News & Events

  • Professor Dominy, an evolutionary biologist at Dartmouth College, was quoted in The New York Times science article "A 3.2-Million-Year-Old Mystery: Did Lucy Fall From a Tree?". Read the full article here!

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  • A new paper in Science Advances is co-authored by a team of researchers, including Professor Dominy and a former post-doc in the department, Amanda Melin, who is now a Professor at the University of Calgary. The paper reports on the genomes of colugos and pen-tailed treeshrews, and reinforces the hypothesized sister relationship between colugos and primates, a contested grouping called Primatomorpha.

    Check out the paper on Science Advances:

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  • Primates in Antiquity is a one-day multidisciplinary symposium conceived to explore and interpret the iconography of monkeys and apes in antiquity. The symposium will be held August 19, 2016, at Dartmouth College, featuring plenary talks delivered by internationally recognized scholars in the humanities and social and biological sciences. The symposium, sponsored by the Leslie Center for the Humanities, the Hood Museum of Art, and the Department of Anthropology, is free and open to the...

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  • The New Yorker's June 27 Profiles story "Digging For Glory" includes a quote from Anthropology Professor Jeremy DeSilva, who collaborated with Lee Berger, the featured paleoanthropologist of the story. 

    Jeremy DeSilva recalls that when he visited Wits in 2009 Berger offered to open the fossil vault. “A lot of people in our business are petrified to be wrong,” DeSilva told me. “You have to be willing to be wrong...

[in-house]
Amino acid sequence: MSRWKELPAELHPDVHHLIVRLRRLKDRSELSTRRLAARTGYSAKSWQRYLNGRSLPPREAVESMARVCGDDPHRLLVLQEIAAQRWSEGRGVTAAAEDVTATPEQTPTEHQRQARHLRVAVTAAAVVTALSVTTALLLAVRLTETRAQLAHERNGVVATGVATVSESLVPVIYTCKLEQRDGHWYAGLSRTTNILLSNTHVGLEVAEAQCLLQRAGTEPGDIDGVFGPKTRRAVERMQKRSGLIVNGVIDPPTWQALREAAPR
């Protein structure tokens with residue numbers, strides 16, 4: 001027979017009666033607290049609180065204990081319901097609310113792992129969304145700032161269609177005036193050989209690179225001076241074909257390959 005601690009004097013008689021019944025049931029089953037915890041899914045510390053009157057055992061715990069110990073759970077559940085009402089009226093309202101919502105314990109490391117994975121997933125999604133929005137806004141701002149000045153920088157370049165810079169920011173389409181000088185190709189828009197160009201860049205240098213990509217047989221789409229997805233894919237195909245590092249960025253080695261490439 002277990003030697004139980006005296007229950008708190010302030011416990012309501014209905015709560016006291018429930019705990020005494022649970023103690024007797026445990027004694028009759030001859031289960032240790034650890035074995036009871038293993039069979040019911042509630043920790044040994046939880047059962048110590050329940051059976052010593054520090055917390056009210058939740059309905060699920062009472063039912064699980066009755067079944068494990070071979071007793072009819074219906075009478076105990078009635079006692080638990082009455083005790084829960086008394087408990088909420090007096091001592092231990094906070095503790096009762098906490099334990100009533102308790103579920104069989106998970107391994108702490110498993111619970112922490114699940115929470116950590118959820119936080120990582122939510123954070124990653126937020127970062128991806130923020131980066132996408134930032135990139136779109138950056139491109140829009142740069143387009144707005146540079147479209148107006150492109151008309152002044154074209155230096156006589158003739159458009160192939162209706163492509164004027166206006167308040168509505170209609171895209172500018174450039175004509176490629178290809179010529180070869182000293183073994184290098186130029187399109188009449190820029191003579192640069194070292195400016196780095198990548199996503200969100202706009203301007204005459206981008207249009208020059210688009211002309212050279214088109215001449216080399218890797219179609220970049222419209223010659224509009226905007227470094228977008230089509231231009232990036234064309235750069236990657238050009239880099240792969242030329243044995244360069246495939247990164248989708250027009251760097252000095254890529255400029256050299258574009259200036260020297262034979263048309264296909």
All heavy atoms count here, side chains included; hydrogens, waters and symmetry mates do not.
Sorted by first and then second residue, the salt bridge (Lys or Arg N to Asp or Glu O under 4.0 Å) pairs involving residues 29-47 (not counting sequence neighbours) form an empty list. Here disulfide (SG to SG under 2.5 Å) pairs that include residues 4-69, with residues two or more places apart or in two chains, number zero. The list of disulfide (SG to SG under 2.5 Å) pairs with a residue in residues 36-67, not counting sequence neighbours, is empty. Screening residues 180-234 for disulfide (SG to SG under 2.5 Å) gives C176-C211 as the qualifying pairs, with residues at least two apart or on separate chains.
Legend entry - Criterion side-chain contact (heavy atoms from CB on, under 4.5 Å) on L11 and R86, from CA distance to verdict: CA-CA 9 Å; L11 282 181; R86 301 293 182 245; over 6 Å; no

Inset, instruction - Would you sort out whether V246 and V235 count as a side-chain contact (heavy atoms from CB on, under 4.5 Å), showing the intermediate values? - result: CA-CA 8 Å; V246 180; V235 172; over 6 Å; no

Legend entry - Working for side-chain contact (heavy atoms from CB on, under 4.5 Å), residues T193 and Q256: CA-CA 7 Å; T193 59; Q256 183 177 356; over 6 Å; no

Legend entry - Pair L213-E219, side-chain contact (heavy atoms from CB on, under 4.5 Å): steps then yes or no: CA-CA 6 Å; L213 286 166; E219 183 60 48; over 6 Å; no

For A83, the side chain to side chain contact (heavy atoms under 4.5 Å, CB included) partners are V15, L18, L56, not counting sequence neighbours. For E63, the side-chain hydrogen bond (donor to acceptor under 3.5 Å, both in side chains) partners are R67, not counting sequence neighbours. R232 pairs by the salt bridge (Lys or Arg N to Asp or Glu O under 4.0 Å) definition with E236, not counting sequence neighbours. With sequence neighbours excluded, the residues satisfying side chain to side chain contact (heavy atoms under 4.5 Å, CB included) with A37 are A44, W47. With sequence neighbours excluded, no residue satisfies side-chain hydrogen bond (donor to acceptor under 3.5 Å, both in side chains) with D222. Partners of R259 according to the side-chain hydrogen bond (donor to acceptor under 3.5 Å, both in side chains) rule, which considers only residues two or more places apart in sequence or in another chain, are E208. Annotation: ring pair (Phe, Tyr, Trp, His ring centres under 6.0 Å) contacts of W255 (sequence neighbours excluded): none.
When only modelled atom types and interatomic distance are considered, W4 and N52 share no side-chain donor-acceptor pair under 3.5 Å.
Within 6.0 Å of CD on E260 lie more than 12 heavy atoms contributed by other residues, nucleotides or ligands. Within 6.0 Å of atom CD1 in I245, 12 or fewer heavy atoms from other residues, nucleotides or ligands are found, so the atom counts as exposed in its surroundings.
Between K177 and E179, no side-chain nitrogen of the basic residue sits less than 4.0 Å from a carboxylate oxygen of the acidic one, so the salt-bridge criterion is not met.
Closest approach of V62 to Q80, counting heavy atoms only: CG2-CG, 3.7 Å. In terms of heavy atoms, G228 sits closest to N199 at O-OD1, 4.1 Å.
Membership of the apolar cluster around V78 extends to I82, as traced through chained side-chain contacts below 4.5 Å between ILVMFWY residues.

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  • How primates developed a taste for alcohol

    Not only do some primates actively seek out nectar with the highest alcohol content, according to new research, but those who can handle their drink have an evolutionary edge. Newsday's Julian Keane found out why from Anthropology Professor Nathaniel J.Dominy, co-author of the recent publication "Alcohol discrimination and preferences in two species of nectar-feeding primate" by Sam Gochman '18.

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  • The Leakey Foundation held its Spring Granting Session on April 30, 2016. The Board of Trustees unanimously approved thirty-two research grant proposals for funding this cycle.

    Thomas Kraft, Ph.D. student in Ecology & Evolutionary Biology at Dartmouth College, is one of the grantees. His proposal, "Shifting co-residence and interaction patterns in a transitioning hunter-gatherer society", was...

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  • Dr. Venkataraman has been selected as one of this year's two recipients of the Hannah T. Croasdale Award. The award is made to graduating Ph.D. students who best exemplify the qualities of a scholar. The committee selected this year's recipients as scholars who possess intellectual curiosity, a dedicated commitment to the pursuit of new knowledge, a strong interest in teaching, and a sense of social responsibility to the academic community. These are all qualities that characterized Dr....

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  • The Fourth Talk of Dartmouth's Department of Anthropology Presents: Biological Anthropology—A Series in Five Parts.

    Niche Construction by Chimpanzees and Gorillas in northern Congo: Implications for Maintenance of Material Culture

    Examining the environment as a background condition for the vast degree of behavioral diversity observed within the clade of African apes has proven insufficient in explaining some of the most interesting and salient behavioral...

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  • “The supreme dexterity of the human hand is unsurpassed among mammals, a fact that is often linked to early tool use,” says Professor of Anthropology Nathaniel Dominy in a Tribune India story about how chimpanzees are able to evaluate and pick out figs in the same way humans shop for fruits.

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  • Check out this interesting article by Josh L Davis on IFLScience

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